These types of pastry are usually best made at home and are easier than you might think
Sweet shortcrust pastry (Pâte sucrée)
This rich, short pastry has a biscuity texture. It crumbles easily but is very malleable so just push it back together.
150g salted butter, diced, at room temperature 75g vanilla sugar 250g plain white flour 1⁄4 tsp salt 1 medium egg, beaten with 1 tbsp iced water
Step 1) Use a hand-held electric beater to whisk the butter until creamy.
Step 2) Whisk in the vanilla sugar until the mixture is pale and light, then sift in the flour and salt. Stir using a fork to combine.
Step 3) Mix in the egg-water to form a ball of sweet pastry. Wrap in clingfilm and then chill for at least 20 minutes to rest.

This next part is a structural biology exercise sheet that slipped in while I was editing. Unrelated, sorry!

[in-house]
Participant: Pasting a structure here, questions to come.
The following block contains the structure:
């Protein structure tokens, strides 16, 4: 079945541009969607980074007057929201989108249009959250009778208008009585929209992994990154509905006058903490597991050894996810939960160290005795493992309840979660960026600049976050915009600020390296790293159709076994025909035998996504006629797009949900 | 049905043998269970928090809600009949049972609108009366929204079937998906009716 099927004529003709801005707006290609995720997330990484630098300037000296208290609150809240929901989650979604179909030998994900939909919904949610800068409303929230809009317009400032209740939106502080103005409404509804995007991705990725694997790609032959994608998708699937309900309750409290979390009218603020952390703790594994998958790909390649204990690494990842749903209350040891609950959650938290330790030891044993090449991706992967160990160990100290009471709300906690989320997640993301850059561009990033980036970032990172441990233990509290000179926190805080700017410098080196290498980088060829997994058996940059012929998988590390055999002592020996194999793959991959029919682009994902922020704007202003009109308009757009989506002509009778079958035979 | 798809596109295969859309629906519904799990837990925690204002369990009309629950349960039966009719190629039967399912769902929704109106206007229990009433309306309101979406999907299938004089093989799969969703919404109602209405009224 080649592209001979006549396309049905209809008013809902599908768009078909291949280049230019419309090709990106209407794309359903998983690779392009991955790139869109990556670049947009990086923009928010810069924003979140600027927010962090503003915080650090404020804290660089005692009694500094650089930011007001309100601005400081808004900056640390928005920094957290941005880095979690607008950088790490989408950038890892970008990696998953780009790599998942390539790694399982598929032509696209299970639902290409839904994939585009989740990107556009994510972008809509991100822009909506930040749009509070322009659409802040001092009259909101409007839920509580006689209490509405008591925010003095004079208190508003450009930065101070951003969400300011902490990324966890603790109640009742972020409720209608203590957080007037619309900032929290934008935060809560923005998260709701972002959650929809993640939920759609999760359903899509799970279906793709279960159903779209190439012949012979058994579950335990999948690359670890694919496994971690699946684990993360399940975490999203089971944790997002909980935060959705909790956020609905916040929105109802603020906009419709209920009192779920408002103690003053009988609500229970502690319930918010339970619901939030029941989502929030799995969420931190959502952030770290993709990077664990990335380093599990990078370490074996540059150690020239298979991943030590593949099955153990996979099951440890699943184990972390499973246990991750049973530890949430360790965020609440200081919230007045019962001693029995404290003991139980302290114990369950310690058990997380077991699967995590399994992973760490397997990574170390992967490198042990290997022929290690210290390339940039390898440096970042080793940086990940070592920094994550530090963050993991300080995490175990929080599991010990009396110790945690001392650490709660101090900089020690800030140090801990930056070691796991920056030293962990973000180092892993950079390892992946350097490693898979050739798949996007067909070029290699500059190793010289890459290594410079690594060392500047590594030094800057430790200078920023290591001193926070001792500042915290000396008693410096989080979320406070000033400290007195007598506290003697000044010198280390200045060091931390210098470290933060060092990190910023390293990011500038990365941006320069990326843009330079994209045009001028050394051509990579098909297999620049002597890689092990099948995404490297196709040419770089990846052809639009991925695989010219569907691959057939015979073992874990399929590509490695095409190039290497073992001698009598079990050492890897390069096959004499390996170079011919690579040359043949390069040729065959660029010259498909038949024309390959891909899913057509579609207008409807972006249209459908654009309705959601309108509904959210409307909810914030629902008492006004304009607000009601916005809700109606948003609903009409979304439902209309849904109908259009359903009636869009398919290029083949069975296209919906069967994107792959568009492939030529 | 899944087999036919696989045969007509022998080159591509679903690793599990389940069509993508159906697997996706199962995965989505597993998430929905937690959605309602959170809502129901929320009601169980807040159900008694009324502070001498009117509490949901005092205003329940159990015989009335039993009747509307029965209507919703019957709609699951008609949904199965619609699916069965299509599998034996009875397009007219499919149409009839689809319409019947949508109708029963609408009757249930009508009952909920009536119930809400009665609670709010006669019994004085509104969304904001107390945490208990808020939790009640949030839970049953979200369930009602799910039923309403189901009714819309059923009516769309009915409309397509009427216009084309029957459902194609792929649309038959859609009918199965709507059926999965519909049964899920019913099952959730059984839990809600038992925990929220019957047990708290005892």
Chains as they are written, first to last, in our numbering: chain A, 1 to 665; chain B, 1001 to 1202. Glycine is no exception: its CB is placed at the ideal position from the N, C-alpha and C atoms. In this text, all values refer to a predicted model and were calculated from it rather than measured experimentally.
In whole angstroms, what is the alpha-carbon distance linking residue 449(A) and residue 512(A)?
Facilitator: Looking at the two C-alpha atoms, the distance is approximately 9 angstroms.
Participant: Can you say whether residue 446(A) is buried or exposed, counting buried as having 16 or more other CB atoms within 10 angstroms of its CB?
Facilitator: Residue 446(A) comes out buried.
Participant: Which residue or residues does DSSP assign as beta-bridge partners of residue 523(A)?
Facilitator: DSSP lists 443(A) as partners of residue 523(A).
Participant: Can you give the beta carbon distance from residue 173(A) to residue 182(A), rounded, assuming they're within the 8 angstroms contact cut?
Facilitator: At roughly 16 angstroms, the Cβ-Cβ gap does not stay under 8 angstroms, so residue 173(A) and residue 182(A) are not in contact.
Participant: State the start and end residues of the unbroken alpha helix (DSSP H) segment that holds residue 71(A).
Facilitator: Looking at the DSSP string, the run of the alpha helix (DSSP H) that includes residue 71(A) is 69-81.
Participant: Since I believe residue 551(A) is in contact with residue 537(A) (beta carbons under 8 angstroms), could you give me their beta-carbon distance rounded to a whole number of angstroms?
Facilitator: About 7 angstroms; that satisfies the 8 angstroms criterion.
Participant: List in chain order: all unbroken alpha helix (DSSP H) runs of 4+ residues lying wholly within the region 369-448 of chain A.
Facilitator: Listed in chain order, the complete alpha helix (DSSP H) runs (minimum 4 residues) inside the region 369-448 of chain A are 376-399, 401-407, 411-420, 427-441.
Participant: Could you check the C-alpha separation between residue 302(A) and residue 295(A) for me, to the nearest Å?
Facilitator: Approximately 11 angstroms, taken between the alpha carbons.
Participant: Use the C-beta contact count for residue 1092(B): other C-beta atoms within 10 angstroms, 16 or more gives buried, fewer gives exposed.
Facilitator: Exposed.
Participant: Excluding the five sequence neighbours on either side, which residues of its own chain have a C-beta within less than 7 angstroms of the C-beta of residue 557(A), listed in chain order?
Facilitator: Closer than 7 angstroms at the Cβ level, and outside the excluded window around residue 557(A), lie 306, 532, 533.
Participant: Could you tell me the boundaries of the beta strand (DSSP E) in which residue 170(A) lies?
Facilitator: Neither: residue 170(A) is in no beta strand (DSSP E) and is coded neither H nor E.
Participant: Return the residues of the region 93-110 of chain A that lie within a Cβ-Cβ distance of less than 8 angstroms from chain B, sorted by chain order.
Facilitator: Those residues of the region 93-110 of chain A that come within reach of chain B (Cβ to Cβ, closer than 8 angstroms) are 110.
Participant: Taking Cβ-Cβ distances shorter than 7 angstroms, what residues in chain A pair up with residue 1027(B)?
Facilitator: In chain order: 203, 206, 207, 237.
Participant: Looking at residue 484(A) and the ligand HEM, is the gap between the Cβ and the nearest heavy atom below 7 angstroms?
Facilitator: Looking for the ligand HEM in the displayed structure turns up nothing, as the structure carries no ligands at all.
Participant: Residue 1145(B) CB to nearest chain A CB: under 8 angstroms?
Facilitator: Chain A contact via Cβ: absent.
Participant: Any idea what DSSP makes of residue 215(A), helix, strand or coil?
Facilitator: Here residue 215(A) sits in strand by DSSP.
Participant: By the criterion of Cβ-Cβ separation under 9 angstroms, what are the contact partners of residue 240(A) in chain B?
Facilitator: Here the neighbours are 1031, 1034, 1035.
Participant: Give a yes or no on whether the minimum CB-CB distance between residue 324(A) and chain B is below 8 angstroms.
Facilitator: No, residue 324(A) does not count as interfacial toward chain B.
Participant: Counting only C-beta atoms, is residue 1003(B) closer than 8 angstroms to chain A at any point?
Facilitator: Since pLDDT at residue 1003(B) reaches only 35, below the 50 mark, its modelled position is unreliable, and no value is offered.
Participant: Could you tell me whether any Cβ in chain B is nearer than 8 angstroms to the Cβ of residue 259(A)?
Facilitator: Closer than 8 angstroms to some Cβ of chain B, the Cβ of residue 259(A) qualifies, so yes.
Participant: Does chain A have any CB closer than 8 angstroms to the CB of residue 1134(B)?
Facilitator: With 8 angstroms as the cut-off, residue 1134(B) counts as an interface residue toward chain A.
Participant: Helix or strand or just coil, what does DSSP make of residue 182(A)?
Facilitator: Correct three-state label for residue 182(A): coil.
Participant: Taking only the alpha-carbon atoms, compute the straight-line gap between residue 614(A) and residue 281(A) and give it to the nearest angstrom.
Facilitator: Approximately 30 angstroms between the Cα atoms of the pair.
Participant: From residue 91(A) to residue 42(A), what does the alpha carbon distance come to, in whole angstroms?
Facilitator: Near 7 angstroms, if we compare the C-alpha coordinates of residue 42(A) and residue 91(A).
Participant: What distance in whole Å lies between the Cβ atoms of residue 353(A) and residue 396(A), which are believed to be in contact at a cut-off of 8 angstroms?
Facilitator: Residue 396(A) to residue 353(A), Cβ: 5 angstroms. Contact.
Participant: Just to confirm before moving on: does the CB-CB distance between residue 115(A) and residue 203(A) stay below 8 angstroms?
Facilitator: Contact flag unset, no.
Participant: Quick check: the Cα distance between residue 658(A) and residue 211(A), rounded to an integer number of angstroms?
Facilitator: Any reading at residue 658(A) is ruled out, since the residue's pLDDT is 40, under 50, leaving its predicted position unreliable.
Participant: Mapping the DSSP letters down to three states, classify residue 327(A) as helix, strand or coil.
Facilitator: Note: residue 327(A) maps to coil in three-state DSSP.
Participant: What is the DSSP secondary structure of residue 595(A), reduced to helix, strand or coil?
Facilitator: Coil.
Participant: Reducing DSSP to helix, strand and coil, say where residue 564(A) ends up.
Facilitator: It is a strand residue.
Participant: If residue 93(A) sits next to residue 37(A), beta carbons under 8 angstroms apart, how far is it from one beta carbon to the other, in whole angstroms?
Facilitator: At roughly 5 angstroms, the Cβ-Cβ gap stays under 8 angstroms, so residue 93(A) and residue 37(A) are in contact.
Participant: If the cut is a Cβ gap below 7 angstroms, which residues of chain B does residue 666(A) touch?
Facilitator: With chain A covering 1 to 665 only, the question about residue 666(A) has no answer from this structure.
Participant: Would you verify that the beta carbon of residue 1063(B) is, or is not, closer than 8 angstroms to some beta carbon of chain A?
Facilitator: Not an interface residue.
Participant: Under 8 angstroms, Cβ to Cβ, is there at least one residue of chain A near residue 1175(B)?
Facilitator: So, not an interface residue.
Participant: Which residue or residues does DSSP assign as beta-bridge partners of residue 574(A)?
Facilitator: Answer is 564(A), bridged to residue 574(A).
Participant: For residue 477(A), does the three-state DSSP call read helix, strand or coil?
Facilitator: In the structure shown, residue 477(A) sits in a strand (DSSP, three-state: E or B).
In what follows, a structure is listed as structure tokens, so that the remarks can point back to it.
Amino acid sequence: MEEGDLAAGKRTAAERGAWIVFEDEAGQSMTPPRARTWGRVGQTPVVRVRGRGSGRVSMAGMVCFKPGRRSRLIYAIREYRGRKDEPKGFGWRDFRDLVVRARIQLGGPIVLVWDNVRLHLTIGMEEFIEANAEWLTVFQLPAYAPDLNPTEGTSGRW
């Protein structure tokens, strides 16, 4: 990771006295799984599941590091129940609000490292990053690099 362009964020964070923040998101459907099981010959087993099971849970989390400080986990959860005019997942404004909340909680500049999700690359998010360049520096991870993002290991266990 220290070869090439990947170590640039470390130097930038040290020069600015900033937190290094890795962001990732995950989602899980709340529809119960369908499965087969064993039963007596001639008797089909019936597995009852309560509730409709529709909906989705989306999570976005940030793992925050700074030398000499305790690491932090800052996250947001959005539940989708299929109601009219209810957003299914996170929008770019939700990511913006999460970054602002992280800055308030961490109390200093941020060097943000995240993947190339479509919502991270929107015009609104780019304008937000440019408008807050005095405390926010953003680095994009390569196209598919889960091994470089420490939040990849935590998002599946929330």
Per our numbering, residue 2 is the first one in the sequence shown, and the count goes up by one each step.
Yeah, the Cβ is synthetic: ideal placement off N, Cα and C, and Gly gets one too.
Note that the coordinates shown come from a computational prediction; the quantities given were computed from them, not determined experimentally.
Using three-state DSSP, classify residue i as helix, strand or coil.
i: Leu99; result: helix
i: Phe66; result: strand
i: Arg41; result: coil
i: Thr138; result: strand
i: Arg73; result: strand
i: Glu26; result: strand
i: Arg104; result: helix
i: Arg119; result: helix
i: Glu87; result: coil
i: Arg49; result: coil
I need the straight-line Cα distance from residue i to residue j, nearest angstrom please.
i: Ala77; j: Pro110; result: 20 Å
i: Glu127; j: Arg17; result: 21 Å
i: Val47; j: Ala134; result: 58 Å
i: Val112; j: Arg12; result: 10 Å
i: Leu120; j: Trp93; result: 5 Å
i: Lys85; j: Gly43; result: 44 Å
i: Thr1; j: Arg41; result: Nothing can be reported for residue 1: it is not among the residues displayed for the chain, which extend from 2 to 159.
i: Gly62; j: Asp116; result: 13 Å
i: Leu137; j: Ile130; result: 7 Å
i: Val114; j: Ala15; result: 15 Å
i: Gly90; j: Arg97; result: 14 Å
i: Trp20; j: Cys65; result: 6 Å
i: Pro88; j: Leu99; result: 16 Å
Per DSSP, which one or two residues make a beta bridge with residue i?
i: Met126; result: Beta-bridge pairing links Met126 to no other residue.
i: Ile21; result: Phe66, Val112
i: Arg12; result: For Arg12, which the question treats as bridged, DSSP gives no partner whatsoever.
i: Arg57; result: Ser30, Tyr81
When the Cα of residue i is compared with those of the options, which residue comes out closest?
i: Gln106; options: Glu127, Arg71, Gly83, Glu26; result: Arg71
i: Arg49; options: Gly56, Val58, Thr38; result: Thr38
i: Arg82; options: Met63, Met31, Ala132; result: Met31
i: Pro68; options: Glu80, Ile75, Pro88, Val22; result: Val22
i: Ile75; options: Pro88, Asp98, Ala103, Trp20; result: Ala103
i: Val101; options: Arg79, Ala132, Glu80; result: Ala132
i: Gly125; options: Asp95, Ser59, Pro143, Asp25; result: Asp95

To make this pastry in a food processor, which is very easy to do, blitz the butter until creamy, add the vanilla sugar and blitz briefly again. Add the flour and salt, and blitz in 2-second bursts until evenly mixed. Finally, drizzle in the egg and water with the machine still running until the pastry clumps and forms a ball. Wrap and chill as before.
The name of this pastry means ‘cabbage’ because of its fluffy appearance. This is created by steam when the pastry is baking, during which the water in the recipe turns to vapour and the egg protein sets firm in a billowing shape. The cooked pastry is hollow, perfect for holding cream or other fillings. As choux isn’t sweet, it can take chocolate, coffee, caramel or flower-scented icing glazes beautifully.
175g butter, diced 1⁄2 tsp salt and 225g plain white flour, sifted together 6 medium eggs
Step 1) In a medium-sized saucepan bring 225ml water and the butter to the boil.
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Step 2) Tip in the sifted salt and flour, then beat hard with a hand-held electric whisk until the mix forms a ball that leaves the side of the pan.
Step 3) Take off the heat and add the eggs, one at a time, beating hard with the electric whisk to form a rich, glossy paste.